Today, I’m sharing the recipe for the Indian-spiced meatballs and raita. Raita is a refreshing yogurt dip, not too different from a Greek tzatziki sauce. It’s frequently served as a cooling counterbalance to spicy Indian dishes, and while these meatballs are not overly spicy, the raita makes a perfect dip. (Kids love to dip stuff. Trust me.) I added these meatballs to the menu mostly to appeal to our younger guests, but they were a notable hit with the bigger guests too!

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Chicken tikka masala, spicy and mild, to please all taste buds!

A GIVEAWAY!!! My friends at Shindigz are offering a $50 gift card to one lucky reader, to give you a chance to enjoy their wide variety of part supplies. With graduation and summer barbecue season just around the corner, I’m sure that gift card would come in handy! To enter the drawing for the gift card, simply leave a comment below sharing what you think is the #1 factor which makes a memorable party! The winner will be selected using Random.org on Friday, May 31, 2013 at 12:00pm EST. One entry per person. 18 years or older. US mailing addresses only, please. Good luck!!

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Indian-Spiced Meatballs

Ingredients

  • 1 small or 1/2 medium onion, very finely diced
  • 1/2 teaspoon garlic, minced
  • 1/2 tablespoon fresh ginger, grated
  • 1/2 teaspoon curry powder
  • 1 teaspoon garam masala
  • 1/2 teaspoon salt
  • 1/8 teaspoon cayenne pepper
  • 2 eggs, lightly beaten
  • 1/2 cup bread crumbs
  • 1 pound ground beef

Directions

Preheat oven to 375 degrees. Wipe a baking sheet with a little oil or spray with nonstick cooking spray.

Combine the chopped onion, garlic, ginger, curry powder, garam masala, salt, cayenne pepper, eggs and bread crumbs (everything except the meat) in a large bowl, until evenly blended. Add the meat. Use your hands to combine the mixture, just enough to evenly disperse the ingredients.

Form the mixture into balls, about 1 1/2″ in diameter. Place them on the prepared baking sheet. Bake for about 20 minutes, until cooked through.

Makes about 24 small meatballs

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Cucumber Mint Raita

Ingredients

  • 1 large seedless cucumber
  • 1 1/2 cups plain yogurt
  • 1/8 cup fresh mint leaves, finely diced
  • Salt and pepper

Directions

Use a box grater to finely grate the cucumber. Squeeze the cucumber gratings to remove as much liquid as possible. (If you have a piece of cheesecloth available, it’s useful to place the cucumber gratings inside the cheesecloth, then squeeze to remove the excess liquid.) Combine the cucumber, yogurt, and chopped fresh mint. Season with a pinch of salt and pepper.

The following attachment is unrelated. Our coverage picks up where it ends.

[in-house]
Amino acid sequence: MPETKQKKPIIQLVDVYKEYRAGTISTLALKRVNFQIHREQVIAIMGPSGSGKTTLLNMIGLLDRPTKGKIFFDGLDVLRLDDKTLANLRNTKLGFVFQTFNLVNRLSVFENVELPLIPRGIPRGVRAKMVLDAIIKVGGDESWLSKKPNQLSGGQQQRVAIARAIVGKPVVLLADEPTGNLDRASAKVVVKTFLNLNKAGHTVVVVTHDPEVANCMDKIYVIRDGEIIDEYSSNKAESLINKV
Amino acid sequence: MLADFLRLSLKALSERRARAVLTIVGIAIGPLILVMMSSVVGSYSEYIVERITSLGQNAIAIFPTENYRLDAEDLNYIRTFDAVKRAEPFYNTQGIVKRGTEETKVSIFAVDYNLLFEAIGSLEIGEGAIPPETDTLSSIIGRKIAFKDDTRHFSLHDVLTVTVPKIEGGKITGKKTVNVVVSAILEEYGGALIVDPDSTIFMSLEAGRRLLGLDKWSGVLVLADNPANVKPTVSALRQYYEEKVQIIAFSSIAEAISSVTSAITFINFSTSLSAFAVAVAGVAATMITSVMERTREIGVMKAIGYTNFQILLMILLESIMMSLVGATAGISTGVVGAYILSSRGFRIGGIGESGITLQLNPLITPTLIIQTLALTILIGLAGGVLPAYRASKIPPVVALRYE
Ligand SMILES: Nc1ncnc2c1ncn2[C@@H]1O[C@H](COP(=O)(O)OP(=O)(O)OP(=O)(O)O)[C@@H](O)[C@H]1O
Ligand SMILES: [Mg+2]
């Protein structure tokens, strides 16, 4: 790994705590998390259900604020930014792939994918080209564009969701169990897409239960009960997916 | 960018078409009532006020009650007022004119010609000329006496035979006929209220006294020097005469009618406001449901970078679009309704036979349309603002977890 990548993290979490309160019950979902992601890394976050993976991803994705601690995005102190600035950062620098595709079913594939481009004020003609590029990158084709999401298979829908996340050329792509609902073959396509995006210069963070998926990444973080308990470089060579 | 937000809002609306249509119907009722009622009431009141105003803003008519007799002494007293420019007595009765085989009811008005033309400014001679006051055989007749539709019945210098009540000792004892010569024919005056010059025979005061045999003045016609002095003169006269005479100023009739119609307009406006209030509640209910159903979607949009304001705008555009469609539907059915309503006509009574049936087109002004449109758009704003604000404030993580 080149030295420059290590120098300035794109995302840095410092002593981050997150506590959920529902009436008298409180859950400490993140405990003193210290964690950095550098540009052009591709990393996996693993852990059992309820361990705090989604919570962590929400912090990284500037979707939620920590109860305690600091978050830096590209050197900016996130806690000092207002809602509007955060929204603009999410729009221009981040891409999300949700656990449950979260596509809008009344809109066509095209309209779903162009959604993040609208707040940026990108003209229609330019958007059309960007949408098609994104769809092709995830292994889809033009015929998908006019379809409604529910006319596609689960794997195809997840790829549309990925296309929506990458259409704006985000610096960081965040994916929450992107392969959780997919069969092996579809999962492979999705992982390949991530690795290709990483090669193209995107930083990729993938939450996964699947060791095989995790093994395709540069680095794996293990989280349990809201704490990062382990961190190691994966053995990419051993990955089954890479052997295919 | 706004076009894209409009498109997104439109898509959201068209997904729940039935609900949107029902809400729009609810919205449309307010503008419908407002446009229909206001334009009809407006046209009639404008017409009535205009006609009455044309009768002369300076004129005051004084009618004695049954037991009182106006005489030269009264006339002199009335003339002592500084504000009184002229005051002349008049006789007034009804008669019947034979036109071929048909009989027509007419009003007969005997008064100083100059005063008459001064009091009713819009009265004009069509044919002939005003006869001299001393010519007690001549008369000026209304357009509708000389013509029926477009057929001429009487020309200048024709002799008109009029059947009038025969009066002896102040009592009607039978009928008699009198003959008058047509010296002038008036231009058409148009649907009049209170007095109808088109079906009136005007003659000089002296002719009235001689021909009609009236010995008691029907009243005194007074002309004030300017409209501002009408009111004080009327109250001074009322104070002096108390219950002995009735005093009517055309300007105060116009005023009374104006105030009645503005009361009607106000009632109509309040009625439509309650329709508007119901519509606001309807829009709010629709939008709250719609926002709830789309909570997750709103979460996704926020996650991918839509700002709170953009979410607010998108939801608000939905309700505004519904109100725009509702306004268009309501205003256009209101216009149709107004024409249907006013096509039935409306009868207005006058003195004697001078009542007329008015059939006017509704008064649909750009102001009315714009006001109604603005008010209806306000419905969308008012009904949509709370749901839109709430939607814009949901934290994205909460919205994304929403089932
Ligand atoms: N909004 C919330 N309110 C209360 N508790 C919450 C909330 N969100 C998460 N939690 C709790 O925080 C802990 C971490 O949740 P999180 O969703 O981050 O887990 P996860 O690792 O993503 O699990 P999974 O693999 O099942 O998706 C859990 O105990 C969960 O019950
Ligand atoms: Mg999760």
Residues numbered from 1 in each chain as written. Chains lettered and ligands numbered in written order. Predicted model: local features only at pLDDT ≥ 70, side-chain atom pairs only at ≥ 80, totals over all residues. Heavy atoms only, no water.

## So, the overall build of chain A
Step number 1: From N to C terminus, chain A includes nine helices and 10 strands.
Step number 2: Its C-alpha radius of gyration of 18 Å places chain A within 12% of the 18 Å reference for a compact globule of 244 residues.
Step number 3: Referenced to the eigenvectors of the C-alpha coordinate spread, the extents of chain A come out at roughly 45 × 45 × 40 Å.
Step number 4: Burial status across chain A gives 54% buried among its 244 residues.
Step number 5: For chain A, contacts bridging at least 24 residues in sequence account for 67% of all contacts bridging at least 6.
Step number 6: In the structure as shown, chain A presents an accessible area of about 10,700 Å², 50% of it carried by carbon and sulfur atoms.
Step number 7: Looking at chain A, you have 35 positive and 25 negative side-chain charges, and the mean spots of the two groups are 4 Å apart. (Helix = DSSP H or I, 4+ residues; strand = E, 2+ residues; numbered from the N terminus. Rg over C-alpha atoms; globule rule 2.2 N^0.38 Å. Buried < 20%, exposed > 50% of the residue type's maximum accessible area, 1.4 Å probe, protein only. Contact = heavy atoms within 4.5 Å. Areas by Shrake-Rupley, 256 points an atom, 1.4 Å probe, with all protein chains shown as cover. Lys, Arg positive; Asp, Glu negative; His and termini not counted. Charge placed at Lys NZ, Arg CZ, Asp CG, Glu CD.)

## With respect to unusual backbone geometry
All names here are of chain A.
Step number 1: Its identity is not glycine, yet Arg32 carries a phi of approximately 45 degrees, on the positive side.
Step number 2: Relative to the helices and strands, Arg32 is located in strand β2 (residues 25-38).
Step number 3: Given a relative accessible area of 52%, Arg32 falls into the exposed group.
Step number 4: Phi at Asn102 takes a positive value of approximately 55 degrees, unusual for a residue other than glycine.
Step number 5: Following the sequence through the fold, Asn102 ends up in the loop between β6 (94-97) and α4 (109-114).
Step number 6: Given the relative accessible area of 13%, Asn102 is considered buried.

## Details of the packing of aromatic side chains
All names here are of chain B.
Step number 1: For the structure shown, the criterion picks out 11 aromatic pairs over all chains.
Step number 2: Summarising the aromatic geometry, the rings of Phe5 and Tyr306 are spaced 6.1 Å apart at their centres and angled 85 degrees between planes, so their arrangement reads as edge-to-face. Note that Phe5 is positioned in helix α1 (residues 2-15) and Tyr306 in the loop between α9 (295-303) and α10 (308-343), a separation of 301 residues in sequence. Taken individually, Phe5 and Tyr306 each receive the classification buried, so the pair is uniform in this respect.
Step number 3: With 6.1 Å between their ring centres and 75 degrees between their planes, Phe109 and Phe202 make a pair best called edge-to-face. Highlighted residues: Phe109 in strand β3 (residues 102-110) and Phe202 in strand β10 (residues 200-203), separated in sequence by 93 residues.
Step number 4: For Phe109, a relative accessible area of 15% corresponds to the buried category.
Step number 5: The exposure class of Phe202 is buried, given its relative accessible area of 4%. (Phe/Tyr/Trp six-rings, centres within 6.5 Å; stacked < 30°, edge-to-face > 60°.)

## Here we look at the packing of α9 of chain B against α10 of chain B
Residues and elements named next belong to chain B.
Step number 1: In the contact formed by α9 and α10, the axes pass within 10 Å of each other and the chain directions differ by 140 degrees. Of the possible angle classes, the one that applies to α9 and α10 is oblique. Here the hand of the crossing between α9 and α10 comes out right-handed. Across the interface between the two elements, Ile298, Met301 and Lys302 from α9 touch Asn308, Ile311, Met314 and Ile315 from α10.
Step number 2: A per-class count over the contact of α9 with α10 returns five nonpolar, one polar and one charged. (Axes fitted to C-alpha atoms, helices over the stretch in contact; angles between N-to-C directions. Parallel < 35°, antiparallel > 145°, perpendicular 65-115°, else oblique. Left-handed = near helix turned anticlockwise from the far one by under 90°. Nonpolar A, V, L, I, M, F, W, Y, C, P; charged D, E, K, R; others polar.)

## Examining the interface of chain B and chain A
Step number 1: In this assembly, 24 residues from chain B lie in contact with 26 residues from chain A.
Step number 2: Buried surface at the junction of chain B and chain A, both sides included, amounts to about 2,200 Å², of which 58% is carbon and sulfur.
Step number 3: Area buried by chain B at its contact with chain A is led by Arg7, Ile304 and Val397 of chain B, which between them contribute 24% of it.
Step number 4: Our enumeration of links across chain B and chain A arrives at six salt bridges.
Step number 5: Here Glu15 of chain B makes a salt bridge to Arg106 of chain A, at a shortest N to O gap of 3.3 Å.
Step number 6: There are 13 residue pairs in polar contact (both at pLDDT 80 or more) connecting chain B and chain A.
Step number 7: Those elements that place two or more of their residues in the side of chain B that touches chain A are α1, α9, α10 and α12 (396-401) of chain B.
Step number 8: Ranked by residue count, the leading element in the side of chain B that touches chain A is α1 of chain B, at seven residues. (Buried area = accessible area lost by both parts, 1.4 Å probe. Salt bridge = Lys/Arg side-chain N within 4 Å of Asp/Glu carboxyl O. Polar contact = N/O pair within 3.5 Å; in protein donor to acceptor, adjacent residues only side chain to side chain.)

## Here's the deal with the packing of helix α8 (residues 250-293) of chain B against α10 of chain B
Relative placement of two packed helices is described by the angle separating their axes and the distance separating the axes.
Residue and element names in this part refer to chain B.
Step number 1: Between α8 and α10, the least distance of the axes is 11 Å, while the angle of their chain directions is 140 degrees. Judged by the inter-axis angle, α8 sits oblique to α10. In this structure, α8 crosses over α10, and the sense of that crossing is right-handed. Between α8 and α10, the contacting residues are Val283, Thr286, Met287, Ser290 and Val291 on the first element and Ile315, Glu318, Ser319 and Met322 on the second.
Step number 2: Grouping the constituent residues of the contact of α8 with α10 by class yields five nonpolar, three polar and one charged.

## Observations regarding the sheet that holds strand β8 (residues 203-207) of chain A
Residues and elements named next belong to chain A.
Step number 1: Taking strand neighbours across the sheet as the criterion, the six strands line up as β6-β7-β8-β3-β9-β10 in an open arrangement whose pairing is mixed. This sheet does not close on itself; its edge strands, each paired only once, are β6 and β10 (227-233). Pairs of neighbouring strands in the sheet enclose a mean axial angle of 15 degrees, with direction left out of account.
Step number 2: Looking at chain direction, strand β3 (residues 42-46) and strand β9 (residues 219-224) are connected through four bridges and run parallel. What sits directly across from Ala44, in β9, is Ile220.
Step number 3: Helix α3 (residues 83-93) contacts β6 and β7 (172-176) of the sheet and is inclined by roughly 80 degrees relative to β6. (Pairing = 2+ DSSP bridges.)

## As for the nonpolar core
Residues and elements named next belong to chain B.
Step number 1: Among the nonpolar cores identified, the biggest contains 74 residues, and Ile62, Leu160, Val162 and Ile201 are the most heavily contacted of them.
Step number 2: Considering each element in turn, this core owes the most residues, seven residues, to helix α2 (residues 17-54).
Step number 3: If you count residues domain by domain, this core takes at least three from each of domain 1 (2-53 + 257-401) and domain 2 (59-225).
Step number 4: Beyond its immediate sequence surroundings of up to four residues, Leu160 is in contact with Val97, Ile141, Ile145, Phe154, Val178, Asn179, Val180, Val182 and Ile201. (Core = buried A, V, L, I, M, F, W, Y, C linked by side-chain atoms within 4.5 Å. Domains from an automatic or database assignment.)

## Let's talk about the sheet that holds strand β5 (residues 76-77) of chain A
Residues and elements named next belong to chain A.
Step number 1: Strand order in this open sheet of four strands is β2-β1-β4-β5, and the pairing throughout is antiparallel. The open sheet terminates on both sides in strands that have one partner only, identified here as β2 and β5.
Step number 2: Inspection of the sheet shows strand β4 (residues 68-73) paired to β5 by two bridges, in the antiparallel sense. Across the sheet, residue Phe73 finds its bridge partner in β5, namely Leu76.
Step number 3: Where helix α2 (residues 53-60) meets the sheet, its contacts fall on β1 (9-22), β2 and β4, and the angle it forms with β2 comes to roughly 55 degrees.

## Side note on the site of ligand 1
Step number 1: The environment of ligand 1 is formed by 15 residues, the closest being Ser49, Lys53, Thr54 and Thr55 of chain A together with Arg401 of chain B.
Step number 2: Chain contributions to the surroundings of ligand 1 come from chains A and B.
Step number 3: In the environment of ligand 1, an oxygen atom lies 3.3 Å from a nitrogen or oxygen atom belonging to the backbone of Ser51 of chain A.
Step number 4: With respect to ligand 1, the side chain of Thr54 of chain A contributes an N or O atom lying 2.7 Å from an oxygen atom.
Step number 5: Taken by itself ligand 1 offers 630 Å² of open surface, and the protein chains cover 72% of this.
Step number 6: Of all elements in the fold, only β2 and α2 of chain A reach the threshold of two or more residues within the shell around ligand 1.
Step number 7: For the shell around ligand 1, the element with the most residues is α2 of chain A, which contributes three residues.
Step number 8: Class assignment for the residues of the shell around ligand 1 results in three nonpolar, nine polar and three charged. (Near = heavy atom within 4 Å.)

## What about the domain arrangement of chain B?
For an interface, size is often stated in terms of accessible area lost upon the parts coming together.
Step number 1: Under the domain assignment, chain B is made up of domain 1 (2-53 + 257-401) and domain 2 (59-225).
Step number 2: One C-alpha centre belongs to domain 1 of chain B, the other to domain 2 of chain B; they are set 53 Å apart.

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Green Gem Ringpop Cupcakes

Disclaimer – Shindigz provided me with  $100 gift card to sample their products and services in order to share  my experience with you. All opinions expressed in this post are completely my own. 

Spectacular Spinach Salad

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Process for Vacuuming a Room Without Kids:

Step 1: Remove vacuum cleaner from closet.
Step 2: Plug in the vacuum.
Step 3: Turn on the vacuum.
Step 4: Use the vacuum to suck debris and animal hair from the floor.
Step 5: Unplug and return the vacuum to the closet.
 
Approximate Time Required: 5 minutes

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Process for Vacuuming a Room With Kids:

Step 1: Remove vacuum cleaner from closet.
Step 2: Rehang all of the jackets which the baby pulled from the closet while you were removing the vacuum.
Step 3: Negotiate an argument over the remote between the two other kids.
Step 4: Plug in the vacuum.
Step 5: Instruct oldest kid to return the salamander to the outdoors and to stop squishing him.
Step 6: Replug the vacuum which the baby unplugged, while you were trying to save the salamander’s life.
Step 7: Return all vacuum accessories to their proper places.
Step 8: Turn on the vacuum.
Step 9: Begin vacuuming the room, while the baby rides on top of the vacuum, switching it off at intervals of 5 seconds.
Step 10: Turn the vacuum back on. Repeat as often as necessary in order to vacuum first half of room.
Step 11: Pause to console the child who is literally crying over spilt milk.
Step 12: Clean up the milk.
Step 13: Unravel the vacuum cord from the baby’s neck.